What's the best recipe for making beef jerky?

63 Answers

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  • *COCO*
    Lv 6
    1 decade ago
    Favorite Answer

    BEEF JERKY

    4 pounds lean beef, sliced into 1/4" strips

    1/2 tsp hickory or mesquite smoke flavoring

    1/4 cup soy or teriyaki sauce

    1/4 teaspoon salt

    1/4 cup Worcestershire sauce

    1 tsp garlic powder

    1 tsp onion powder

    1 tsp cracked black pepper

    pinch of cayenne pepper

    2 tablespoons molasses or brown sugar (optional)

    1/2 cup barbecue sauce or ketchup

    Choose lean beef only, as fat goes rancid when making jerky. Remove all fat from meat.

    Beef top round, flank steak and rump work well. To make jerky that isn't hard to chew, slice across the grain no more than 1/4" thick and don't overdry it. If you freeze meat for a short time, not until it is frozen solid, but just until ice crystals form and meat can still be pierced easily with the point of a knife, then it will be easier to slice thinly. You can also use an electric slicer (Rival or Chef's Choice make home type slicers if you'll be making a lot of jerky).

    Combine ingredients and marinate meat in a ziploc bag in the refrigerator for 12-24 hours, stirring occasionally. Be sure marinade gets between the slices and covers the meat.

    Drain liquid and place in smoker, oven, or food dehydrator at 160-180°F. Turn when dripping stops. They are ready when jerky is dry enough to easily break off a portion, but still has enough resilience to crack when bent, but not break (4-8 hours). It should not be tough and leathery.

    It's important to store jerky away from humidity. Let cool completely before packaging. Seal up in Food Saver bags, canning jars or use Press-N-Seal or aluminum foil to keep away air and humidity. If you won't be using right away, store in the refrigerator to preserve freshness longer, but jerky can be kept without refrigeration.

    Note: Sodium Nitrate (curing salt) can be used to enhance preservative qualities, but is not required. If used, add 3/4 teaspoon to the above recipe or follow directions on package.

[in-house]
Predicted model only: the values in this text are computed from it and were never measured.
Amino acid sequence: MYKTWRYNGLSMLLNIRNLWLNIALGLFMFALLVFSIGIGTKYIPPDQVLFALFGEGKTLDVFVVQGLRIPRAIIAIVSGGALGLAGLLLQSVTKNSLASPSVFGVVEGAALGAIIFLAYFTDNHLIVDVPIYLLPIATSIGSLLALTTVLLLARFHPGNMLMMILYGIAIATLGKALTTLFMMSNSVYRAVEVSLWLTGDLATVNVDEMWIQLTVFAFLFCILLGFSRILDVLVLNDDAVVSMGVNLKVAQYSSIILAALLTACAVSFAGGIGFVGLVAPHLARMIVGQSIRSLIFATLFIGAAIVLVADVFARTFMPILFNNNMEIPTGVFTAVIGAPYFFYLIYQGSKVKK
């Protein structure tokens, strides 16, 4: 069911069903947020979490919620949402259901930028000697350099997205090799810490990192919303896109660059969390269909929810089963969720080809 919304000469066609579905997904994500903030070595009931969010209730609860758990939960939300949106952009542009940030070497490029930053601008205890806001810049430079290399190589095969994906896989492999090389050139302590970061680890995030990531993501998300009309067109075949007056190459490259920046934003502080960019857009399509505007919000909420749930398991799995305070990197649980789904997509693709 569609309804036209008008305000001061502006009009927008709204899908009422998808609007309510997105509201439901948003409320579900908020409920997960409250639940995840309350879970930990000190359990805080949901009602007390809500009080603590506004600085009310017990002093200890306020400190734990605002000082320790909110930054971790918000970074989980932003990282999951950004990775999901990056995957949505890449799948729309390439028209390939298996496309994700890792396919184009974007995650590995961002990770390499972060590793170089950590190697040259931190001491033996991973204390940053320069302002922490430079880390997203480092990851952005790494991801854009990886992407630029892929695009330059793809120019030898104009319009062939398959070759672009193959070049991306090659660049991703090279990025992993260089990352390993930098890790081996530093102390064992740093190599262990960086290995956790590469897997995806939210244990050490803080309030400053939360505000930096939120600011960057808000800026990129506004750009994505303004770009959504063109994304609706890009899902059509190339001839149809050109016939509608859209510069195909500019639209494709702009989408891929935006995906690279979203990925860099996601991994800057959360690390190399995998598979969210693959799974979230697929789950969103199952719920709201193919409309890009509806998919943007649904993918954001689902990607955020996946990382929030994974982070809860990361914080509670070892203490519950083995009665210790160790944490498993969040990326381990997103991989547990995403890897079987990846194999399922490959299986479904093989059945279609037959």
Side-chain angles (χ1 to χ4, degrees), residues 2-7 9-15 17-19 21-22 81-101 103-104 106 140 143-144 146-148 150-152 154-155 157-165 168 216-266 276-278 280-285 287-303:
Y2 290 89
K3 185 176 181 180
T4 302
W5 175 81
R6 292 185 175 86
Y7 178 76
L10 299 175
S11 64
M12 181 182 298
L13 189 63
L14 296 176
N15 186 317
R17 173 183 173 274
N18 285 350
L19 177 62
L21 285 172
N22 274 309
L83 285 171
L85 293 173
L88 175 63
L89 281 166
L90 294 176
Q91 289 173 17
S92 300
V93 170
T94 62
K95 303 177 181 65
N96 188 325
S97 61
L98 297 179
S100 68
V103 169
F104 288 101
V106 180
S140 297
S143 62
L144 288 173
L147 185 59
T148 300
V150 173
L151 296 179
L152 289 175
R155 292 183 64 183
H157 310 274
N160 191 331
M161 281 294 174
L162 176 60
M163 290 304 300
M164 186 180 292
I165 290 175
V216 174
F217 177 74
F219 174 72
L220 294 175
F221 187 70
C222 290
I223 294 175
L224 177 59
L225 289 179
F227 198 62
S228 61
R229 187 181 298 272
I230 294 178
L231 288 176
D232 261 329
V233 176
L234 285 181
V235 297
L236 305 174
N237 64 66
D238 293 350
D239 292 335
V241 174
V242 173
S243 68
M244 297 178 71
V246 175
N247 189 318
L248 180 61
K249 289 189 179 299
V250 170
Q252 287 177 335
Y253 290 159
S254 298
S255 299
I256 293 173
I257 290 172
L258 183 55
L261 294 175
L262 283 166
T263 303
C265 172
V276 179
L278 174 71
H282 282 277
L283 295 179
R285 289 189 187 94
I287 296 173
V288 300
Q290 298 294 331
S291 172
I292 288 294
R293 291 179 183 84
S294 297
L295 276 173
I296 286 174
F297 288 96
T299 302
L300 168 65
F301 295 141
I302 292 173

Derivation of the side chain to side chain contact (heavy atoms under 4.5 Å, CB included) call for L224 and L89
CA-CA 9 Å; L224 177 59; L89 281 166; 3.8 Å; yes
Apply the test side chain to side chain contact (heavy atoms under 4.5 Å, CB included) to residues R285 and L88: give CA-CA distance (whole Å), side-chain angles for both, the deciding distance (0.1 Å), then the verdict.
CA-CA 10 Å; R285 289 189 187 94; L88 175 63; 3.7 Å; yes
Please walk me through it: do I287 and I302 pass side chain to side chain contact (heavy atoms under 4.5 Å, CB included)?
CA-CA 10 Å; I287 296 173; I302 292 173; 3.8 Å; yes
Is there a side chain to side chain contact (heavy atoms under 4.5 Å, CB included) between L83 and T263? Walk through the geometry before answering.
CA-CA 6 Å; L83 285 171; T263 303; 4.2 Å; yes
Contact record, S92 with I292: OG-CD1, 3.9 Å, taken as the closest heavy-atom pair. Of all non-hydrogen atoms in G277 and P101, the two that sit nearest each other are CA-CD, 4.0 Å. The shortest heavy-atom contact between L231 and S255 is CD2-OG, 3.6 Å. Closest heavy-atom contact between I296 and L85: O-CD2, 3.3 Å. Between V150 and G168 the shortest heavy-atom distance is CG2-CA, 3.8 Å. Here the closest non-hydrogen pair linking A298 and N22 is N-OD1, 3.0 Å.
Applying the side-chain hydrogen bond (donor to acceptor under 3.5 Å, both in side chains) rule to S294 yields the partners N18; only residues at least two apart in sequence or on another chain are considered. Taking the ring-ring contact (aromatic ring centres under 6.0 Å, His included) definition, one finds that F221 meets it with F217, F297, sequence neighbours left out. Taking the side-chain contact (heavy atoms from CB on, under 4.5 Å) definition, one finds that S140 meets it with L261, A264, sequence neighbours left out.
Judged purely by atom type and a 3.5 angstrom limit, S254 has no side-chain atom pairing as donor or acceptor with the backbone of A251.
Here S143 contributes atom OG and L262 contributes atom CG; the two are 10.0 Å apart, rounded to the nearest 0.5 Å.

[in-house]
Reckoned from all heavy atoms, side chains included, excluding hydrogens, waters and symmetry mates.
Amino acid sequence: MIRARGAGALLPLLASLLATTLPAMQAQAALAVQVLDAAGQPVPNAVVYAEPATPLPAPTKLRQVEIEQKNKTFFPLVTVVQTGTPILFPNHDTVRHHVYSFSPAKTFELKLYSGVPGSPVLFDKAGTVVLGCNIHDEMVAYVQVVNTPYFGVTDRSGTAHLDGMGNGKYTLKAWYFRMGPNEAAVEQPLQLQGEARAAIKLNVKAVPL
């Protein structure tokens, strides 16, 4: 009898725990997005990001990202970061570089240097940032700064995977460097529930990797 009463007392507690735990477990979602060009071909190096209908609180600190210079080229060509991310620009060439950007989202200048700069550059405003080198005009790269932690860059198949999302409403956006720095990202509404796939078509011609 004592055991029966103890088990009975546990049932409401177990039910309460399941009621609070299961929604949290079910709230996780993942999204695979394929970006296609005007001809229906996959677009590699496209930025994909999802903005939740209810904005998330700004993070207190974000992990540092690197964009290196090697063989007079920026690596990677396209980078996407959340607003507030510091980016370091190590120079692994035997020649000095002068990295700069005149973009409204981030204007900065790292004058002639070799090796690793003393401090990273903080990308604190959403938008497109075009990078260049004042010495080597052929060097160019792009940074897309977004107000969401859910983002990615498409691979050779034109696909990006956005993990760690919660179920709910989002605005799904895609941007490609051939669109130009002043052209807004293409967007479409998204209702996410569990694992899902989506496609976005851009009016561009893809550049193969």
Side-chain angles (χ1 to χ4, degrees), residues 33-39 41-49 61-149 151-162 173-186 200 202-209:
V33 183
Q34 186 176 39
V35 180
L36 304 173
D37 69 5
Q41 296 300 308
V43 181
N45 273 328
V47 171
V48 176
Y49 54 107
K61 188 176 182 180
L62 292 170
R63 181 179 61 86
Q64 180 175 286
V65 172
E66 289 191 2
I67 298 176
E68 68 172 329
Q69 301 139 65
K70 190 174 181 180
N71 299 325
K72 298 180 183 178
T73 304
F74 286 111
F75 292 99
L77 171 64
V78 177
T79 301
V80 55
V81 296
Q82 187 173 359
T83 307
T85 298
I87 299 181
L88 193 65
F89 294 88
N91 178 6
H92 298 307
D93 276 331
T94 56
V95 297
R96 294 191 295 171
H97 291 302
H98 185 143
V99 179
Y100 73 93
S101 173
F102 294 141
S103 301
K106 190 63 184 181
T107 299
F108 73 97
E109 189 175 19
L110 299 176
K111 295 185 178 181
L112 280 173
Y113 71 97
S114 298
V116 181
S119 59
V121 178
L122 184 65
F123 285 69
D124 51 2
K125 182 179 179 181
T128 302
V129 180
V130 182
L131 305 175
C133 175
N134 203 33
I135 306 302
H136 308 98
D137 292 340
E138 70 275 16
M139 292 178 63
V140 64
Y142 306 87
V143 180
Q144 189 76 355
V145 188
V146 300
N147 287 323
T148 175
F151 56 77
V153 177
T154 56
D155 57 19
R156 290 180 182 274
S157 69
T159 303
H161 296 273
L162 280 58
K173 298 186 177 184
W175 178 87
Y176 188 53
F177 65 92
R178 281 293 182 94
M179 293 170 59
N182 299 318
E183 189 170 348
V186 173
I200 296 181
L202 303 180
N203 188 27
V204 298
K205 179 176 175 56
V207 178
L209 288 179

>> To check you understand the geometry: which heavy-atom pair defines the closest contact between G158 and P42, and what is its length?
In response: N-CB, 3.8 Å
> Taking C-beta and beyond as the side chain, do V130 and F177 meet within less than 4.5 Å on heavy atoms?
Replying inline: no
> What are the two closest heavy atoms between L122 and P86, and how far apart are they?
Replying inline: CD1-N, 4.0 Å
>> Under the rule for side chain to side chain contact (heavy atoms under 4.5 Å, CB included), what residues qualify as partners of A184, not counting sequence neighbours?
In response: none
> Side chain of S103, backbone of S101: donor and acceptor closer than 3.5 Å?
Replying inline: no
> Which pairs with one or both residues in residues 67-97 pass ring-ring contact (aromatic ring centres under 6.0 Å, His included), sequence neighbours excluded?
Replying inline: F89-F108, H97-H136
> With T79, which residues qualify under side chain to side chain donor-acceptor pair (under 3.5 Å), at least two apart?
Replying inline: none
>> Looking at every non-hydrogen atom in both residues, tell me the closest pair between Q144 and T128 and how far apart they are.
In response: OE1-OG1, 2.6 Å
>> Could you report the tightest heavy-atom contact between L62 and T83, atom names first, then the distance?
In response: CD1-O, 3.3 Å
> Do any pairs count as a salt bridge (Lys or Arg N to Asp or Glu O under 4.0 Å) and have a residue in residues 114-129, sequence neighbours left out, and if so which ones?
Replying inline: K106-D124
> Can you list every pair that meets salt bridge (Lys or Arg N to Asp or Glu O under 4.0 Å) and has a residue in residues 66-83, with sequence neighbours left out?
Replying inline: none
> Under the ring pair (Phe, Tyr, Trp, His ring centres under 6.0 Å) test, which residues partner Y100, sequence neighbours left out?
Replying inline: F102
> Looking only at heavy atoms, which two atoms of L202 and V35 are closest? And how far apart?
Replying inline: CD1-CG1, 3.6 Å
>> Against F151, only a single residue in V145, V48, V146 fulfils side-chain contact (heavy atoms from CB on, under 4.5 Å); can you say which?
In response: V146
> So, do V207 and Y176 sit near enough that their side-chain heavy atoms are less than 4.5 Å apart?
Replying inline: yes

• Erika
    Lv 4
    4 years ago

    Best Teriyaki Beef Jerky Recipe

  • 1 decade ago

    If you have a smoker, start with 1 lb of thin sliced beef. Make marinade with: 1 cup soy sauce

    1 teaspoon pickling salt

    1/2 teaspoon fresh black pepper

    1 1/2 tablespoon brown sugar

    1 clove crushed garlic

    Mix the ingredients and let them sit while you cut the meat into strips. Put the sliced meat in a bowl and pour on the marinade. It's best to let it go overnight in the fridge. Before smoking, pour off the marinade and run hot water in the bowl with the meat a couple of times. This will draw off excess salt. Put on the rack and smoke until done - the time depends on the smoker. I like using mesquite or hickory for this recipe. For a variation use teriyaki sauce instead of soy sauce, and use an extra 1/2 teaspoon of salt. Good luck!!

  • 1 decade ago

    I tried this recipe I found online some days ago. It's great.

    Homemade Beef Jerky

    number of servings: 15

    time to make: 1/2 day + 1/2 day prep

    4 lbs london broil beef or flank steaks

    2 teaspoons black pepper

    2 teaspoons chili powder

    2 teaspoons garlic powder

    2 teaspoons cayenne pepper, more if you like it hot

    2 teaspoons onion powder

    1 teaspoon liquid smoke

    1/4 cup soy sauce or low sodium soy sauce

    1/2 cup worcestershire sauce

    1/2 cup Frank's red hot sauce

    1. Trim all fat off meat.

    2. Cut steak in to 4 inch strips.

    3. The steak should be about 1/2 inch thick.

    4. It's easier to cut meat partially frozen.

    5. Pound meat lightly, you don't want it too thin.

    6. Add all ingredients in a large bowl.

    7. Mix well.

    8. Cover and refrigerate overnight. (8 hrs.).

    9. Line cookie sheets with tin foil.

    10. Place steak strips on sheets, don't overlap meat.

    11. Set oven at lowest temperature. (150-175 degrees).

    12. Bake six hours, turning after three hours.

    13. Jerky is done when meat is dried out, depending on your oven.

    14. Worth the wait!

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  • Anonymous
    1 decade ago

    I don't know. And you know what's an even greater mystery to me? Why *I* haven't asked this question! Ah, I've been thinking "isn't there a really useful question I can ask?" and I completely FORGOT about my COMPLETE and UTTER LOVE for BEEF JERKY!!!